One month before my posting day, Netflix premiered its adaptation of Persuasion, and I knew what I wanted to write about in August. But even before Juliana posted her excellent “Netflix Left Me Unpersuaded,” I started to doubt how I could even write a review of the latest Austen adaptation. All my ponderings kept leading me towards a single question: what makes a good adaptation, anyway? 

As a child who spent her hours reading, book-to-film announcements always filled me with excitement. My sister and I would look up movie trailers on YouTube and its predecessors, analyzing casting choices and split-second glimpses until the day we could see the final result. But the more adaptations I watched, the more I started to learn what kind of changes made me a little sad, and which changes made me absolutely furious.

Though I’ve spent years asking questions about adaptations, I can’t say the answers always come more quickly. A bad adaptation can make my words erupt one after the other, and a good one might even speed up that pace. But a mediocre adaptation can often stun me into silence. How can I stay true to my impressions about one element, while not denying my impressions of the others? Should I recommend the experience—and if so, how enthusiastically?

As I’ve processed, I’ve settled upon these three ways to identify a good adaptation—or its reverse—in the wilds of bookstores, living rooms, and theaters.

Good adaptations adore specific elements of their source material. 

The best storytellers are often those who remember being the listeners. In the case of adaptations, I believe that the best re-storytellers are those who remember what it was to be in the story’s original audience, falling in love with plots, characters, and themes. They retell the story for reasons deeper than the surface, deeper than money or marketability. The more specific the elements a re-storyteller adores, the more cohesive the resulting adaptation will be.

Louisa May Alcott’s Little Women has been filmed dozens of times by dozens of different filmmakers. I grew up loving the 1995 version, which captures the struggle to grow up into your independent self while still cherishing the warmth of family and sisterhood. I love its rich, brassy music, its spunk and humor, the way it slams the shock of Beth’s death into the audience with all the horror of losing a beloved sister so early in life. But I also love the 2019 version, which captures the ways our past shapes our present and the ways dreams and reality can struggle to survive into adulthood. I love its light, Impressionist music, its echoes and nuances, the way it depicted Amy’s character with humanity and understanding.

The creators of these adaptations clearly loved Little Women, but they created very different movies, ones I watch with very different priorities. Perhaps one may prefer one version over the other, but one cannot claim that either was made without love.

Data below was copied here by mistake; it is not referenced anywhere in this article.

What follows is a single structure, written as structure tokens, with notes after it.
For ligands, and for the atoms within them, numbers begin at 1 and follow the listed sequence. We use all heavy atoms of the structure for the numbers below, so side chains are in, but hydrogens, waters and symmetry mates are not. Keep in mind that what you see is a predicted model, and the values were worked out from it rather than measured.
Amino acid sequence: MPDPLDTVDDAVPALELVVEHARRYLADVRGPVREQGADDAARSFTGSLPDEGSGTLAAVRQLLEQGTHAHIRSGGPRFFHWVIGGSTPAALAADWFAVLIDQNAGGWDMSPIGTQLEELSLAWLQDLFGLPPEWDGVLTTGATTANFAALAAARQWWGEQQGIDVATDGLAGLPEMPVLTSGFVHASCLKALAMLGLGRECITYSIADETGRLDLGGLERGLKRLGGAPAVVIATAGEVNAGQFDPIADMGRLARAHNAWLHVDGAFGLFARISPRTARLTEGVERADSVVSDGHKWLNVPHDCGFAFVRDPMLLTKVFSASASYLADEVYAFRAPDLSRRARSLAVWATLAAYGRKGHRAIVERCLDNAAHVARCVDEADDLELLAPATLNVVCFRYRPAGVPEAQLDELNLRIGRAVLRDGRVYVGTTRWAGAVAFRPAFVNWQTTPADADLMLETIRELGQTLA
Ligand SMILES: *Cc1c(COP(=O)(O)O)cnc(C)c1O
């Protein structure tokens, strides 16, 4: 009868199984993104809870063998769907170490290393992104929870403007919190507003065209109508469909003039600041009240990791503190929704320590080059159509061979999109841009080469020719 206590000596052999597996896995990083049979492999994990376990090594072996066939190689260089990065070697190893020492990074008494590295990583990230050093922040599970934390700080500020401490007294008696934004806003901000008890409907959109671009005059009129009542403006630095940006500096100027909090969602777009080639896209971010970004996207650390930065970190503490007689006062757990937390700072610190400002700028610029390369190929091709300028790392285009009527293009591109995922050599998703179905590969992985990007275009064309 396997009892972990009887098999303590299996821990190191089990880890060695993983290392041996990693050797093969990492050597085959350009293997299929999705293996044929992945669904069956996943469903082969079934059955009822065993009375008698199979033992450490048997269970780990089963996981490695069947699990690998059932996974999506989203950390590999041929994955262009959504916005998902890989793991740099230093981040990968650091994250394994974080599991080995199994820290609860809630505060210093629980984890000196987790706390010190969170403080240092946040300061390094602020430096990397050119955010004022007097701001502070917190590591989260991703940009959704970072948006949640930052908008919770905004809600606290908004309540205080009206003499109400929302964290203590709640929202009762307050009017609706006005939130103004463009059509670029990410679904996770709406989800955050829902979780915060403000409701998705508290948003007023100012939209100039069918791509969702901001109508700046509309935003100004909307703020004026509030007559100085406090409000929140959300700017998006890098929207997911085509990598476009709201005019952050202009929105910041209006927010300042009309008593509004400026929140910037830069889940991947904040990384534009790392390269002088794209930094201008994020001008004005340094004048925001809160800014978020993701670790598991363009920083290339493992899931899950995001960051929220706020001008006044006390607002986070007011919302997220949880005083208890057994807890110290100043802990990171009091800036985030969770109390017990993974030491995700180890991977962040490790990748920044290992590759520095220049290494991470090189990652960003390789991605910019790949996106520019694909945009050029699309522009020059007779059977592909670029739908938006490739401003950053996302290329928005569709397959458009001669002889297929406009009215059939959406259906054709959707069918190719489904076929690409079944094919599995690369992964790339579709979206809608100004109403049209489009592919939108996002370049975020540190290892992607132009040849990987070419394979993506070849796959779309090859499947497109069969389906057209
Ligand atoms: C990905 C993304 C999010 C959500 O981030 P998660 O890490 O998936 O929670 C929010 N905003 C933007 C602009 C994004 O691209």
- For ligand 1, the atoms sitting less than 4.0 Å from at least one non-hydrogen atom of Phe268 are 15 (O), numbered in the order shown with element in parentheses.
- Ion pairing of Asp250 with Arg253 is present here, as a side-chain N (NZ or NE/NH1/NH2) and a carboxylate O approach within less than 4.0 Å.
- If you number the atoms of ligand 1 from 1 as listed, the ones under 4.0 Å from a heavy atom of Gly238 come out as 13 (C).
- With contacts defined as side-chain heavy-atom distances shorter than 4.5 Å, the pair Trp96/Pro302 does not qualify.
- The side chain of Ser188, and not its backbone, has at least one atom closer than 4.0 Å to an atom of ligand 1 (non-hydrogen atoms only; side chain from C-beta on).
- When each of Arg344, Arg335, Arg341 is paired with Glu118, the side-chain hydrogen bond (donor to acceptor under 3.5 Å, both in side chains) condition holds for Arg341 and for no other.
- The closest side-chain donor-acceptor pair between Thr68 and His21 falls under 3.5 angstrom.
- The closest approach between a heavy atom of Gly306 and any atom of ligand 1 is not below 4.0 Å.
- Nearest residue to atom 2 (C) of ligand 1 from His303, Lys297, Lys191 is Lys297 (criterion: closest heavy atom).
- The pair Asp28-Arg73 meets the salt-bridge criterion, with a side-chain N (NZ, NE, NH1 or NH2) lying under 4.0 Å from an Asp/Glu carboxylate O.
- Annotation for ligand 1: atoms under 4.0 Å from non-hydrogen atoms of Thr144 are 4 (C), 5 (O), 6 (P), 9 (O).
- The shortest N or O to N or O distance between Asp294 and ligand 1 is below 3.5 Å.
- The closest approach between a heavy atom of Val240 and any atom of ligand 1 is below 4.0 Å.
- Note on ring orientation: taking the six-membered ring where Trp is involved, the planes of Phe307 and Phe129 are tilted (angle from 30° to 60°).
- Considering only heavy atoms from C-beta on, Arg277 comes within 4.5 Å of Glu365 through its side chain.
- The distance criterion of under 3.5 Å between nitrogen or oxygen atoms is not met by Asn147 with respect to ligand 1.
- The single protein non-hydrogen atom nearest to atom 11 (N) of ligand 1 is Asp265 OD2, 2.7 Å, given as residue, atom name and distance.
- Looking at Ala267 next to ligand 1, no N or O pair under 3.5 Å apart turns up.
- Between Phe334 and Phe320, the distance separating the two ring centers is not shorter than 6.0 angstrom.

As applied to Persuasion: I found Netflix’s Persuasion so frustrating because I cannot name what, exactly, drove these creators to retell this story. I catch glimpses of their love for Persuasion’s beautiful settings like Lyme Regis; I catch glimpses of their love for Anne’s final speech at the end of the book. But the adaptation is so unfocused that I can’t identify any unifying object of the creators’ adoration. I doubt they loved Persuasion’s central character, since this version changes her essence so dramatically. Maybe they liked the idea of the lost love plotline, or maybe they just wanted another moneymaker in the mold of Pride and Prejudice or Bridgerton.

Good adaptations know their medium and its benefits, and use it to capture the benefits of the source material and its medium. 

As a Narnia-obsessed child in the early 2000s, the only available film versions of the stories were those created by the BBC in the 1980s. Like Susanna, I have a soft spot for these films’ quirky, ramshackle charm, but I’ll admit that they are not particularly good movies. They are faithful adaptations, but much of their pacing and filming feels exactly like the books’, to their own detriment. When Lucy steps through the wardrobe, the tiny, TV-budget set and tinny music do little to create wonder in the audience. When Aslan dies, one can easily disassociate from the children’s grief—it’s only a furry puppet, after all. Again and again, the cuts and creative decisions reflect the needs of a novel, not of a story on screen.

In 2005, Disney released a big-screen, big-budget version of the story, and—while big doesn’t always mean better—the wider care and creativity available could allow for a more emotionally faithful adaptation. Director Andrew Adamson and his team took advantage of their medium, using the language of film to replace the language of the book. Lucy steps through the wardrobe, and—in the sparkling sweep of the snow and the swell of Harry Gregson-Williams’s music—the audience doesn’t have to imagine what it might be like to share her wonder.